EFFECTS OF CONTROLS
Identify the primary flight controls, how to use them, how they affect the aircraft and secondary effects
Identify the secondary flight controls, how they affect the aircraft
Comprehend the effects of inertia, airspeed, and propeller slipstream on the aircraft controls
All the flight controls work by modifying the quantity of lift that the wings and the tail create. So, in order to understand the flight controls, we need to know how lift is created.
The physic principle that makes lift possible is called Bernoulli´s principle:
- Bernoulli's principle states that an increase in the speed (V ↑) of a fluid (in this case, air) occurs simultaneously with a decrease in pressure (P ↓). A practical application of Bernoulli’s Principle is the Venturi Tube, this tube has an inlet that narrows to a throat (constricted point) and an outlet section that increases in diameter toward the end
Now that we know what Bernoulli's Principle is, we will see how it is applied to an aircraft wing. To do that we need to define another essential concept, the airfoil:
- Airfoil -> A body shaped to produce an aerodynamic reaction (lift) for a small resistance force (drag).
An airfoil, using Bernoulli´s principle, accelerates the air that flows over the upper surface, so it flows faster than the air underneath the wing:
Lift produced varies depending on some factors that are arranged in one formula:
- L = 1/2dV² x CL x S
- d -> Air density
- V² -> Aircraft speed through the air squared
- CL -> Coefficient of Lift -> A value with many variables that for instructional purposes we will use as a substitute for the angle of attack (We will explain the angle of attack concept later in this lesson)
- S -> Area of the Wing
In a car at a moderate speed, take your hand out of the wind and parallel to the ground. If you increase the angle, your hand will move upwards (lift created). If you decrease the angle, your hand will go down (lift destroyed). The airfoil works similarly, the angle of your hand and the air is called the angle of attack
The Angle of Attack (AoA) is the angle between the relative wind and the chord line. Let's define these concepts
Airfoil Working Principle
- Upper Surface -> Airflow Speed ↑ -> Pressure ↓ -> Low Pressure (LP)
- Bottom Surface -> Airflow Speed ↓ -> Pressure ↑ -> High Pressure (HP)
--- HP air tends to mix with LP air creating an upward force that counteracts gravity, this force is called lift ---
- Relative wind -> Airflow produced by aircraft own movement through the air
- Chord Line -> It is a straight line that goes from airfoil leading edge (foremost edge) to trailing edge (rear edge) (Refer to Lesson Nº1 - Familiarisation with the Aircraft)
-- L = 1/2dV² x CL x S -> ↑ AoA -> ↑ CL -> ↑ Lift
-The Bernoulli´s Principle-
-The Primary Flight Controls-
As we already saw in section Aircraft Parts (Refer to Lesson Nº1), an aircraft has three main controls surfaces:
- Elevator -> Nose Up/Down (Movement Name - Pitch)
- Ailerons -> Wings Up/Down (Movement Name - Bank)
- Rudder -> Nose Left/Right (Movement Name - Yaw)
These are the primary flight controls, when they are moved, their shape change, modifying the chord line of the wing or the tail, which causes a variation in the value of the angle of attack (AoA), thus lift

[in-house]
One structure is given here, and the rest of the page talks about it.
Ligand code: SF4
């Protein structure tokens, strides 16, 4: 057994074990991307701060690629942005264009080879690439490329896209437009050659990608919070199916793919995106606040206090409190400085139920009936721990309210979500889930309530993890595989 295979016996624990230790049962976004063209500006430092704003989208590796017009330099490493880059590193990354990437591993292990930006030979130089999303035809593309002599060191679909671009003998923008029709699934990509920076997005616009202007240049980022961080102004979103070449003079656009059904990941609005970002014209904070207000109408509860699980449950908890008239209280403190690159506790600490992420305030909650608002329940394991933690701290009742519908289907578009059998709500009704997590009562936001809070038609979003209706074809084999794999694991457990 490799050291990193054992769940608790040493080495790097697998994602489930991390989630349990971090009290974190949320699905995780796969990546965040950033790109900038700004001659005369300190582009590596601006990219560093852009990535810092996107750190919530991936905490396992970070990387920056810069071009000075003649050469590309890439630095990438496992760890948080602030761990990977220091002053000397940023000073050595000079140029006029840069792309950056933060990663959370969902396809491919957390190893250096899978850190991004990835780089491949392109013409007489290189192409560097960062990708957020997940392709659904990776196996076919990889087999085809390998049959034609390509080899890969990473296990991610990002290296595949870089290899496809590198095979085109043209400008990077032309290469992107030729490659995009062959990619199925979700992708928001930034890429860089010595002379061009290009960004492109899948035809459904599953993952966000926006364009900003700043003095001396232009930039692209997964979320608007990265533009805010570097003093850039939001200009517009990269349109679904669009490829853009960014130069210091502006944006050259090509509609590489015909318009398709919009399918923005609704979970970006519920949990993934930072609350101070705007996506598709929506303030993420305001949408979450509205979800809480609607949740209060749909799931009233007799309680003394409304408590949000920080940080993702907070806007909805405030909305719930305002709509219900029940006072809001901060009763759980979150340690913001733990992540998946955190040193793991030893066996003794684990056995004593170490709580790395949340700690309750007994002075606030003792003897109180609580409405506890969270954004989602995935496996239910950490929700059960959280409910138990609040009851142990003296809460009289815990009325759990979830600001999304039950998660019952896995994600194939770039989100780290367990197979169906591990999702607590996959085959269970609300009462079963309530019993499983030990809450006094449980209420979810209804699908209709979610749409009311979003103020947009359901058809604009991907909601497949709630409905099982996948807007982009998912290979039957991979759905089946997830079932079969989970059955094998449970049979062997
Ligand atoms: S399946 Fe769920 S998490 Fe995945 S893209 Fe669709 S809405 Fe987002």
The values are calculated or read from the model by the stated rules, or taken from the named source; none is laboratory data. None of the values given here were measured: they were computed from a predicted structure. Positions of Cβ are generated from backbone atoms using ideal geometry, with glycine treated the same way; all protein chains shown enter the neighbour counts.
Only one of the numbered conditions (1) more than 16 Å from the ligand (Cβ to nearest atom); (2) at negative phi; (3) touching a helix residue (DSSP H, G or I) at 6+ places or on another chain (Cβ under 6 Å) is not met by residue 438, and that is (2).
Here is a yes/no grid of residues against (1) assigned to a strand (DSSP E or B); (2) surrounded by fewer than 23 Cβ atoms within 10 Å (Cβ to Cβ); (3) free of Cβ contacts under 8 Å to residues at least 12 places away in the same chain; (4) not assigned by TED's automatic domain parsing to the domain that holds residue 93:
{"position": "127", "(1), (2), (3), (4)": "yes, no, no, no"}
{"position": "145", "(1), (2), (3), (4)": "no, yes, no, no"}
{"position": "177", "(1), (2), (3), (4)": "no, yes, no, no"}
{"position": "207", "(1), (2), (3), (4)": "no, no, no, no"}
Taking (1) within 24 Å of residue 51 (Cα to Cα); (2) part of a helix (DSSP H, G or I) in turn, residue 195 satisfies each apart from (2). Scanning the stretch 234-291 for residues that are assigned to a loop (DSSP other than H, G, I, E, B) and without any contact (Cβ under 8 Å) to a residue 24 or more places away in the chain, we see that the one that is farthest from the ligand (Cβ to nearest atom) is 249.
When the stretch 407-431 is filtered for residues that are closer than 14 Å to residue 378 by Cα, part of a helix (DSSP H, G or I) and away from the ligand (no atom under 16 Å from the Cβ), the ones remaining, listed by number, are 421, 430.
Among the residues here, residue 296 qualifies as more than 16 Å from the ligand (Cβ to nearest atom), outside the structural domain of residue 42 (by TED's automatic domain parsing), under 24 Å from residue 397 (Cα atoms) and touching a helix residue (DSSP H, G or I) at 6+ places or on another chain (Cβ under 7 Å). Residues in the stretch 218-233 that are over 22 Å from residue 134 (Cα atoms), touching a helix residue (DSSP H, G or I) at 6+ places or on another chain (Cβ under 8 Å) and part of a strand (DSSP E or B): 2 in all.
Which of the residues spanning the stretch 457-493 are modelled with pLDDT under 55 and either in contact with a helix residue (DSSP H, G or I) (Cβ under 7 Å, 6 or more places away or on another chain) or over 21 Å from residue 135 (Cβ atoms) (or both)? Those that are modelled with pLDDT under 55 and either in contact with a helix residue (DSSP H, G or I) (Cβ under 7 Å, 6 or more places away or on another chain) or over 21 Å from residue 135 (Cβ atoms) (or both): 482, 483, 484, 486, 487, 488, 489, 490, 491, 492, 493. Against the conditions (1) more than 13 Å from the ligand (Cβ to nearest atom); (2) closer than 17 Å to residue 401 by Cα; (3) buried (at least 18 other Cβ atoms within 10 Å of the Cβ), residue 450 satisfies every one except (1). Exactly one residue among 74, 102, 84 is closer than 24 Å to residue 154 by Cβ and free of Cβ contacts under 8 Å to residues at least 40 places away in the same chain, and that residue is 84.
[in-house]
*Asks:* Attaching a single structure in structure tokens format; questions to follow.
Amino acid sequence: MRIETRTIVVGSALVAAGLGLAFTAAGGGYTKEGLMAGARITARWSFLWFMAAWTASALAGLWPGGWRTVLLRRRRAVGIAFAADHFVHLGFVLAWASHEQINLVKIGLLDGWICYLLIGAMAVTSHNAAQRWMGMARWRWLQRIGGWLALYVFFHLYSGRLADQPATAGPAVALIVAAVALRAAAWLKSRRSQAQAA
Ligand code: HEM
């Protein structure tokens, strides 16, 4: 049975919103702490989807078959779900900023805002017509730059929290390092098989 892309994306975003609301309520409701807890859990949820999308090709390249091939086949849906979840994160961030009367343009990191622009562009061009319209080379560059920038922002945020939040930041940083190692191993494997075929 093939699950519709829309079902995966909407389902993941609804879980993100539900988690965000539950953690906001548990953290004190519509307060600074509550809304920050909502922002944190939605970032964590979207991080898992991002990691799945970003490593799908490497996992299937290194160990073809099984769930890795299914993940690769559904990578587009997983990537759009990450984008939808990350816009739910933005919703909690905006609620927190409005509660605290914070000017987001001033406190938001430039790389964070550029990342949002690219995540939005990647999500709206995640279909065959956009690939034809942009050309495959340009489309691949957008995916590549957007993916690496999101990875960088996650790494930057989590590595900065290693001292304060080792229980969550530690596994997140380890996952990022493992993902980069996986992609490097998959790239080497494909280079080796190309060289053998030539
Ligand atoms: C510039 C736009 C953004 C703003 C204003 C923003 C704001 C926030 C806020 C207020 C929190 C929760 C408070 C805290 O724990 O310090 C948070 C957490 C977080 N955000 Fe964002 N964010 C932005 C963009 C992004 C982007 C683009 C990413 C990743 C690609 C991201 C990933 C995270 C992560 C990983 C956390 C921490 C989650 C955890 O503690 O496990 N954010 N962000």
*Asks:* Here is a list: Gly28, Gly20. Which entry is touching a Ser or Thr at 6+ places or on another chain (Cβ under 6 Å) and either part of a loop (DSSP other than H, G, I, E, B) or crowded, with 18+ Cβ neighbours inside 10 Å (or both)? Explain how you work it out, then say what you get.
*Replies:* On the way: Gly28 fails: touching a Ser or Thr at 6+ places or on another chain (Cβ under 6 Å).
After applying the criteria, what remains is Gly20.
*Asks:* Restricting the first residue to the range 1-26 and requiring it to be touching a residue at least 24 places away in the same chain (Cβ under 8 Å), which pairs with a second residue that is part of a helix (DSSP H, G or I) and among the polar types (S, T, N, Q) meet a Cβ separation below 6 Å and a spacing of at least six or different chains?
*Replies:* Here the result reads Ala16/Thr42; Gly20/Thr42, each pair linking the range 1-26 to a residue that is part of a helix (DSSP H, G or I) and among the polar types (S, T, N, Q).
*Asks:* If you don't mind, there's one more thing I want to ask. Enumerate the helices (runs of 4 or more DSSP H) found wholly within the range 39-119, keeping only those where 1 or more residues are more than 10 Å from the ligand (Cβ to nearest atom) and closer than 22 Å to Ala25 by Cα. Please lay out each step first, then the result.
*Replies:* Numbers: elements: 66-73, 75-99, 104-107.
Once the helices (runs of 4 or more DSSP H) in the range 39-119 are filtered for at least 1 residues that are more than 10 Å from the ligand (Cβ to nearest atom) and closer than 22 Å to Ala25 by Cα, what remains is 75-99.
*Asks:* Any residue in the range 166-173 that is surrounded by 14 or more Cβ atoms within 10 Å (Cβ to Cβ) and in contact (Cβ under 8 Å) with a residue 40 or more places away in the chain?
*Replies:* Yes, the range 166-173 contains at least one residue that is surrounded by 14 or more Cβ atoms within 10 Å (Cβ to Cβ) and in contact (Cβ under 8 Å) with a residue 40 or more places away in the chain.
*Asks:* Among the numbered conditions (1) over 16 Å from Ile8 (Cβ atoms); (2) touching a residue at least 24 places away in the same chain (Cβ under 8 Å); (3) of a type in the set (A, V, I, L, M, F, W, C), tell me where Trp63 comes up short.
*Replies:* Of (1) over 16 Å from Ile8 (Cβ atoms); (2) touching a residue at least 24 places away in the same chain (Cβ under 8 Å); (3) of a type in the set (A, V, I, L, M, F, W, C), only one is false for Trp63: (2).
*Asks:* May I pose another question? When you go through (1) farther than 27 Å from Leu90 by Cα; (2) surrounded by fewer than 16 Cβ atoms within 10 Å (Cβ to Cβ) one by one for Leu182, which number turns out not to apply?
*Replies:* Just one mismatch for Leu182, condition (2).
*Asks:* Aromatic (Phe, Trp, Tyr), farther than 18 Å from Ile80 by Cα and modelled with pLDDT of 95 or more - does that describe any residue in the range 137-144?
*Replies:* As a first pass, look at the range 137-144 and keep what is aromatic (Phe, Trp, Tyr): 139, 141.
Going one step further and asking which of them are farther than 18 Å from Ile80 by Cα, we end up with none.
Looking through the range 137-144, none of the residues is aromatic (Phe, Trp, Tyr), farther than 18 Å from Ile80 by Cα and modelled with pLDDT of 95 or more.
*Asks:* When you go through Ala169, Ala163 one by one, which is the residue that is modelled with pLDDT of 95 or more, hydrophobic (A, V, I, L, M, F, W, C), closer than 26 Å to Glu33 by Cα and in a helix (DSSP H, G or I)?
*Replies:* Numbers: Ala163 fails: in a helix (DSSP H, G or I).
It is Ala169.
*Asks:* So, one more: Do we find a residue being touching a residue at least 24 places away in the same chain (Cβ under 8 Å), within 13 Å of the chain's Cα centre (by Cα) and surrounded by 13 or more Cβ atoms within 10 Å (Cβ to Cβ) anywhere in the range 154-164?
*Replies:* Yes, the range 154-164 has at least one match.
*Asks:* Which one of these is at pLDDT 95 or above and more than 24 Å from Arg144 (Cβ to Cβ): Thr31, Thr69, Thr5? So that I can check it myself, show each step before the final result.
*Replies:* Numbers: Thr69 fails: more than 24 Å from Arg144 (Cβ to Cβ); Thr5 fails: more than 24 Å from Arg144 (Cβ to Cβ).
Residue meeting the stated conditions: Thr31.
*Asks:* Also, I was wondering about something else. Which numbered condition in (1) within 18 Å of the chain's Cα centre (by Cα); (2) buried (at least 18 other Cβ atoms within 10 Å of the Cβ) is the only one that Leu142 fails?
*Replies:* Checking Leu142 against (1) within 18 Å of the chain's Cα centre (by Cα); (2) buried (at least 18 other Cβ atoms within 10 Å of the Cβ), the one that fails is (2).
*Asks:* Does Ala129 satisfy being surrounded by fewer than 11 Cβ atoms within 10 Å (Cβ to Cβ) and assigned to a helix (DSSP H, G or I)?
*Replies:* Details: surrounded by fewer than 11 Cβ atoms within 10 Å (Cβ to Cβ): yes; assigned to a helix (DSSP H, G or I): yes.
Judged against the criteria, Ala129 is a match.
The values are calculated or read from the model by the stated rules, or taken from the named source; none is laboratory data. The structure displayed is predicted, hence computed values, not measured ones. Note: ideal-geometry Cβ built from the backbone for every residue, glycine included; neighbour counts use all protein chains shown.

- Elevator -
The tail function is to create a downward force to compensate for the upward force (lift) produced by the wings. The elevator is a primary control surface positioned in the tail that moves up or down.
- The elevator is controlled by the stick/yoke by pushing/pulling the control column, which moves the elevator down/up respectively producing more/less downward force
- The effect is a movement known as pitch, the pitch angle is the angle between the aircraft longitudinal axis (imaginary line joining the nose and the tail) and the horizon
- Push Input -> Elevator moves DOWN -> AoA ↑ -> More lift to counteract the downward force -> Total Downward force ↓-> Tail moves UP -> Nose moves DOWN
- Pull Input -> Elevator moves UP -> AoA ↓- > Less lift to counteract the downward force -> Total Downward force ↑ -> Tail moves DOWN -> Nose moves UP
It is a primary control surface that is located in both wings and rolls the aircraft left/right around the longitudinal axis of the aircraft. This movement is known as bank, the bank angle is the angle between the lateral axis (imaginary line joining the left and right wingtips) and the horizon
The ailerons work by creating a lift difference between the right and the left-wing. If the right-wing produces more lift, moves upwards, banking the aircraft to the right
- The ailerons are controlled by the stick/yoke by moving the control column left/right, banking the aircraft to the left and the right respectively
- The ailerons work in opposite directions, so when the right aileron moves up, the left aileron moves down and vice-versa
- Left Input -> Left Aileron UP -> Left Wing AoA ↓ -> Lift ↓ -> Left wing moves down -> Right Aileron DOWN -> Right Wing AoA ↑ -> Lift ↑ -> Right Wing moves up
- Right Input -> Right Aileron UP -> Right Wing AoA ↓ -> Lift ↓ -> RW moves down -> Left Aileron DOWN -> Left Wing AoA ↑ -> Lift ↑ -> Left wing moves up
It is a primary flight control located at the trailing edge of the vertical section of the tail. The rudder act as a vertical wing, it also creates lift, but instead of vertical lift, it creates a horizontal force that moves the tail around.
Its function is to move the aircraft to the left or to the right around its vertical axis. This movement is also known as yaw.
- The rudder is a movable surface that is mounted on the trailing edge of the horizontal stabilizer.
- The rudder is controlled through the rudder pedals located on the flight deck. The pedals are mechanically connected to the rudder
The rudder changes the aerodynamic shape of the tail and produces/destroys horizontal lift to yaw the aircraft:
- Right Pedal Input -> Rudder deflects to the RIGHT -> Horizontal lift ↑ -> Tail moves LEFT -> Nose moves RIGHT
- Left Pedal Input -> Rudder deflects to the LEFT -> Horizontal lift ↑ -> Tail moves RIGHT -> Nose moves LEFT
-The Secondary Effects of Primary Flight Controls-
- Adverse Yaw-
The ailerons work by increasing the lift in one wing and decreasing the lift to create an unequal motion that banks the aircraft. The aileron that comes down to produce extra lift also produces extra drag. This extra drag causes the wing to slow down (more aileron deflection - more drag produced) resulting in a yaw movement to the opposite direction of the roll, that we must correct
What can we do about it?
- The solution is easy, only apply the rudder in the direction of the turn to bring the nose to the correct position
How much rudder do I need to apply?
- You need to check one of the flight instruments on the cockpit, the turn and slip indicator (Refer to Lesson Nº1), just follow the "Step on the Ball" rule
Let's see this secondary effect and its solution in a practical example:
- Right Input -> Left aileron DOWN -> Left-Wing Lift ↑ -> Left-Wing Drag ↑ -> Aircraft Banks to the RIGHT and yaws to the LEFT
- Left Input -> Right aileron DOWN -> Right-Wing Lift ↑ -> Right-Wing Drag ↑ -> Aircraft Banks to the LEFT and yaws to the RIGHT
Left Bank -> Adverse Yaw -> Right Yaw -> Ball to the left -> Press Left Pedal to centre the ball